2001 In Fact News, Inc. All rights reserved.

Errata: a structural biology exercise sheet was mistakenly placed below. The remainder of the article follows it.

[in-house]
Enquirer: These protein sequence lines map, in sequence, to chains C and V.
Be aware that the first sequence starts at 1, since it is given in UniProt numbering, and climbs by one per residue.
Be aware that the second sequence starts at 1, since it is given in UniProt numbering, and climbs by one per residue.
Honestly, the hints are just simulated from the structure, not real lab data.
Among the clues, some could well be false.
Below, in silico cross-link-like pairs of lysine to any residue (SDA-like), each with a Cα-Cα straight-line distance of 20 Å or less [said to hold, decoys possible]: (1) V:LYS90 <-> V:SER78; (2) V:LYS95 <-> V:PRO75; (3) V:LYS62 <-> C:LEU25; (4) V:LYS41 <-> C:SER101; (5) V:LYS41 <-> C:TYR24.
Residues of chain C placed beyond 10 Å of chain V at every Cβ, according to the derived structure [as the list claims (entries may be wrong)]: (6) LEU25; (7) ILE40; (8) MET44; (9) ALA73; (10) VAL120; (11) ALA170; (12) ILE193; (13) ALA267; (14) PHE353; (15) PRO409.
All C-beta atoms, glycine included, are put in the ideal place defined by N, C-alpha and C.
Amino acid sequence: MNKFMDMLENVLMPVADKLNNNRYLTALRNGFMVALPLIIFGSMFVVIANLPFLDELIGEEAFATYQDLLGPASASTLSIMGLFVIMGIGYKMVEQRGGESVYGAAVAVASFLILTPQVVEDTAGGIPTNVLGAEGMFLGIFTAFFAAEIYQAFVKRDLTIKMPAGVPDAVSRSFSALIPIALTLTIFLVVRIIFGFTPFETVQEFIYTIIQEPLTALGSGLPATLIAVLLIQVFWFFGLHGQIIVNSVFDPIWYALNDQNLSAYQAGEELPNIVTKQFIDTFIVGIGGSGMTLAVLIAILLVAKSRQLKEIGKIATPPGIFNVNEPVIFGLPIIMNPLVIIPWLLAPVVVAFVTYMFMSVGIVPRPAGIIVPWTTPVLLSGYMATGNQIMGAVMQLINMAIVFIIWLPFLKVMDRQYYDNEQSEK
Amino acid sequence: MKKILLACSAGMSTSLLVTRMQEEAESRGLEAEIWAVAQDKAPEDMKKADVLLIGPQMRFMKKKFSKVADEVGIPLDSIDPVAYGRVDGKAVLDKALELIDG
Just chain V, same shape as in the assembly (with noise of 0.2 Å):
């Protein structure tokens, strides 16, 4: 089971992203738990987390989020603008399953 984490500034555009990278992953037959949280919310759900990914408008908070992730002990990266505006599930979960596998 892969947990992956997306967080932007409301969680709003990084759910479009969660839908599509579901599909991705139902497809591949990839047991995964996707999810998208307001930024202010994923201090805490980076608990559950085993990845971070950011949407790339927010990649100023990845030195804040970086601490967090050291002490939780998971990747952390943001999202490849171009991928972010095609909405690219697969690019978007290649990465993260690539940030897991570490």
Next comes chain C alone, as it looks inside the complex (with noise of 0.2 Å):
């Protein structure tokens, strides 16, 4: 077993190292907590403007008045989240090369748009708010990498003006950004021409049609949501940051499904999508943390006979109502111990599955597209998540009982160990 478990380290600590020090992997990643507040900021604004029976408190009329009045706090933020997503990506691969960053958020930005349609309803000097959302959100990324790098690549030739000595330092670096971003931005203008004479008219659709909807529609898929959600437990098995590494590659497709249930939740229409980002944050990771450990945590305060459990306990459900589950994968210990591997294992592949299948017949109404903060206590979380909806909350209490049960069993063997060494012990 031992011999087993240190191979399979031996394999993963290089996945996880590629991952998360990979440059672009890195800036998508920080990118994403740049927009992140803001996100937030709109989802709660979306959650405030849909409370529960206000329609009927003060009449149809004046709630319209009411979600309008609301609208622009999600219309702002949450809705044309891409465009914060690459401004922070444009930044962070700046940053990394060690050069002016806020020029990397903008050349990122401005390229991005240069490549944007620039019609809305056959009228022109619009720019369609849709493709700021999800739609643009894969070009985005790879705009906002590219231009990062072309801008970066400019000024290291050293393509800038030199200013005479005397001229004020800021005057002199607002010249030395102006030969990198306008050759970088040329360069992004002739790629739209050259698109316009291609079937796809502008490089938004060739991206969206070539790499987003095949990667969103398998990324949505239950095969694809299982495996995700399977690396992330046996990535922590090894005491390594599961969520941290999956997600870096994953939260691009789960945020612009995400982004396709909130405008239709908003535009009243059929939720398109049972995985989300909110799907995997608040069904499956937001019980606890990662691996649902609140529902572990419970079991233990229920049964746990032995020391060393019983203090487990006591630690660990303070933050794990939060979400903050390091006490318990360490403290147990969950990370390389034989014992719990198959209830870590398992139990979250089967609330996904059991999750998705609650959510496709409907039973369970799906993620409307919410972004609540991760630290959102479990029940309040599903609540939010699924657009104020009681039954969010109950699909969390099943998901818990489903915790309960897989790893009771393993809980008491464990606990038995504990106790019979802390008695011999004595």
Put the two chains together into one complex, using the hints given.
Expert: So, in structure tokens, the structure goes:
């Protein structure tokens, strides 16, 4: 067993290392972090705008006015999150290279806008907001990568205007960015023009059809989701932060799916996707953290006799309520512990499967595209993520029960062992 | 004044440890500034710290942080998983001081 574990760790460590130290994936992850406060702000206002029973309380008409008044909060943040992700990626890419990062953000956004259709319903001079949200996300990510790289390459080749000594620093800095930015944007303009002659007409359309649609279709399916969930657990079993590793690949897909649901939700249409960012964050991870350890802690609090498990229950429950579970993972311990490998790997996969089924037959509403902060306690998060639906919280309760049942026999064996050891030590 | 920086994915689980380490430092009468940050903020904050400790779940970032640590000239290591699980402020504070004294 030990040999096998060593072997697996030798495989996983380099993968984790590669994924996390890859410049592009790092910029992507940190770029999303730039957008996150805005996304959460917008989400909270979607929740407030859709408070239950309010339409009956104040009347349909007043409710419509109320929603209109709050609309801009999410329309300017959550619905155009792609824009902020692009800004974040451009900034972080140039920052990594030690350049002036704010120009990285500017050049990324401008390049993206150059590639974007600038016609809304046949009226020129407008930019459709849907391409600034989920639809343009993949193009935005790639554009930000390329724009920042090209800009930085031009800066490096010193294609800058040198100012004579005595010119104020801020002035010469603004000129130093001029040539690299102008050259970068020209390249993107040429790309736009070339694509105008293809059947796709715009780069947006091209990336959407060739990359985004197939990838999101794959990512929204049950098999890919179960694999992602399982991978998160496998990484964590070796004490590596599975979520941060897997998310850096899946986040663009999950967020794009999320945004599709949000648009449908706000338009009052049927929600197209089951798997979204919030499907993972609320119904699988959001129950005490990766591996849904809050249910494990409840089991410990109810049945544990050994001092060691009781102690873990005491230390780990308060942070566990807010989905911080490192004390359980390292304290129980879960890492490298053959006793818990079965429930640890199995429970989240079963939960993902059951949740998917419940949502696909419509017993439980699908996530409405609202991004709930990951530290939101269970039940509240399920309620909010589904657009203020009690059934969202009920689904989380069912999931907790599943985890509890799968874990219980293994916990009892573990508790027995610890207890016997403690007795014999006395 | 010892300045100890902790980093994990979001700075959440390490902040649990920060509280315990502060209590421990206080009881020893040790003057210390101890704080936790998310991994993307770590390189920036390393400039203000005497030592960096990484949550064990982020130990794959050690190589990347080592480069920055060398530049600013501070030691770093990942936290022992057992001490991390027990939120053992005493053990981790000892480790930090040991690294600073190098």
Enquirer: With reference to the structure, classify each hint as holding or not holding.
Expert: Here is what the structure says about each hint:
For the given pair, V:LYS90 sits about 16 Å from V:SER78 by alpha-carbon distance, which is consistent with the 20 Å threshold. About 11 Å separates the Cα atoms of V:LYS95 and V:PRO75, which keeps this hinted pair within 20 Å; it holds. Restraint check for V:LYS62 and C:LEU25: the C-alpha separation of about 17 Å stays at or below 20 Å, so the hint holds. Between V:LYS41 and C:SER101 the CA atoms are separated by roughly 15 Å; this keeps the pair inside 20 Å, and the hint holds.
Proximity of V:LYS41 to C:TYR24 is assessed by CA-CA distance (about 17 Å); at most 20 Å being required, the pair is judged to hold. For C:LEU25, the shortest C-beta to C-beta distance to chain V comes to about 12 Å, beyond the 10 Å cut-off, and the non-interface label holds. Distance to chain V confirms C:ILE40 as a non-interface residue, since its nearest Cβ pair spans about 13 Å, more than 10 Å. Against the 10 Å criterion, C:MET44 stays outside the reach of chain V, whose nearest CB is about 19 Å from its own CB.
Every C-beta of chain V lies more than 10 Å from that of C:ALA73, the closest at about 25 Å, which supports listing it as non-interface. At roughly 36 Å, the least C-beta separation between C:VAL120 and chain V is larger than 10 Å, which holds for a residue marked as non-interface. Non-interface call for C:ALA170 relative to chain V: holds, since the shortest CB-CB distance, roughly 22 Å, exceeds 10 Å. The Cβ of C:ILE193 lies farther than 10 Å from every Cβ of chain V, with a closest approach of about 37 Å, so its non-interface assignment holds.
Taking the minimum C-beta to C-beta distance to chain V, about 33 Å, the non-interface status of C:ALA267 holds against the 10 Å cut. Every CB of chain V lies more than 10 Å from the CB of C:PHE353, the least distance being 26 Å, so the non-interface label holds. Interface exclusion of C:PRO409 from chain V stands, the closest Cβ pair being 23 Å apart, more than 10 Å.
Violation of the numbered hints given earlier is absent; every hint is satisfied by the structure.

City Council returns this week . . . Thursday could be a long day, with numerous items requiring discussion. The Hyde Park Neighborhood Plan is once again on the agenda, although it could easily be postponed again. Representatives of the Hyde Park Baptist Church and the neighborhood planning team are scheduled to meet again today to try to iron out their differences. A planning team member told In Fact Daily that she feels more hopeful about resolving their differences than she did previously . . . More money for City Hall . . . The Council is being asked to approve a resolution to amend the city’s contract with architects Cotera Kolar Negrete & Reed for up to $200,000 in additional cost estimating and engineering services for the design of the new City Hall, Public Plaza and Parking Garage. If amended, the total contract would be about $5,383,000 . . . Wimberley hires expensive help . . . The Village of Wimberley has hired Stephen J. Harrison to be part-time city manager. Harrison is currently city manager for Kyle and the owner of Harrison & Associates, a management and security consulting firm in Dripping Springs. One city official said Harrison has agreed to compensation of $55,000 per year . . . Ready, set, vote! . . . Early voting for Mayor of Austin and for Travis County bonds, as well as some state constitutional amendments begins today. Most polls will be open from 7am to 7pm Monday-Saturday and noon to 6pm on Sunday. You can vote downtown at the Travis County Courthouse. There are numerous other polling places, including H.E.B. stores on E. 7th St., in Pflugerville, at Four Points, S. Congress, William Cannon, Ed Bluestein Blvd, Oak Hill and Bee Caves (Highway 71 West). Early voting ends on Nov. 2 for the Nov. 6 election.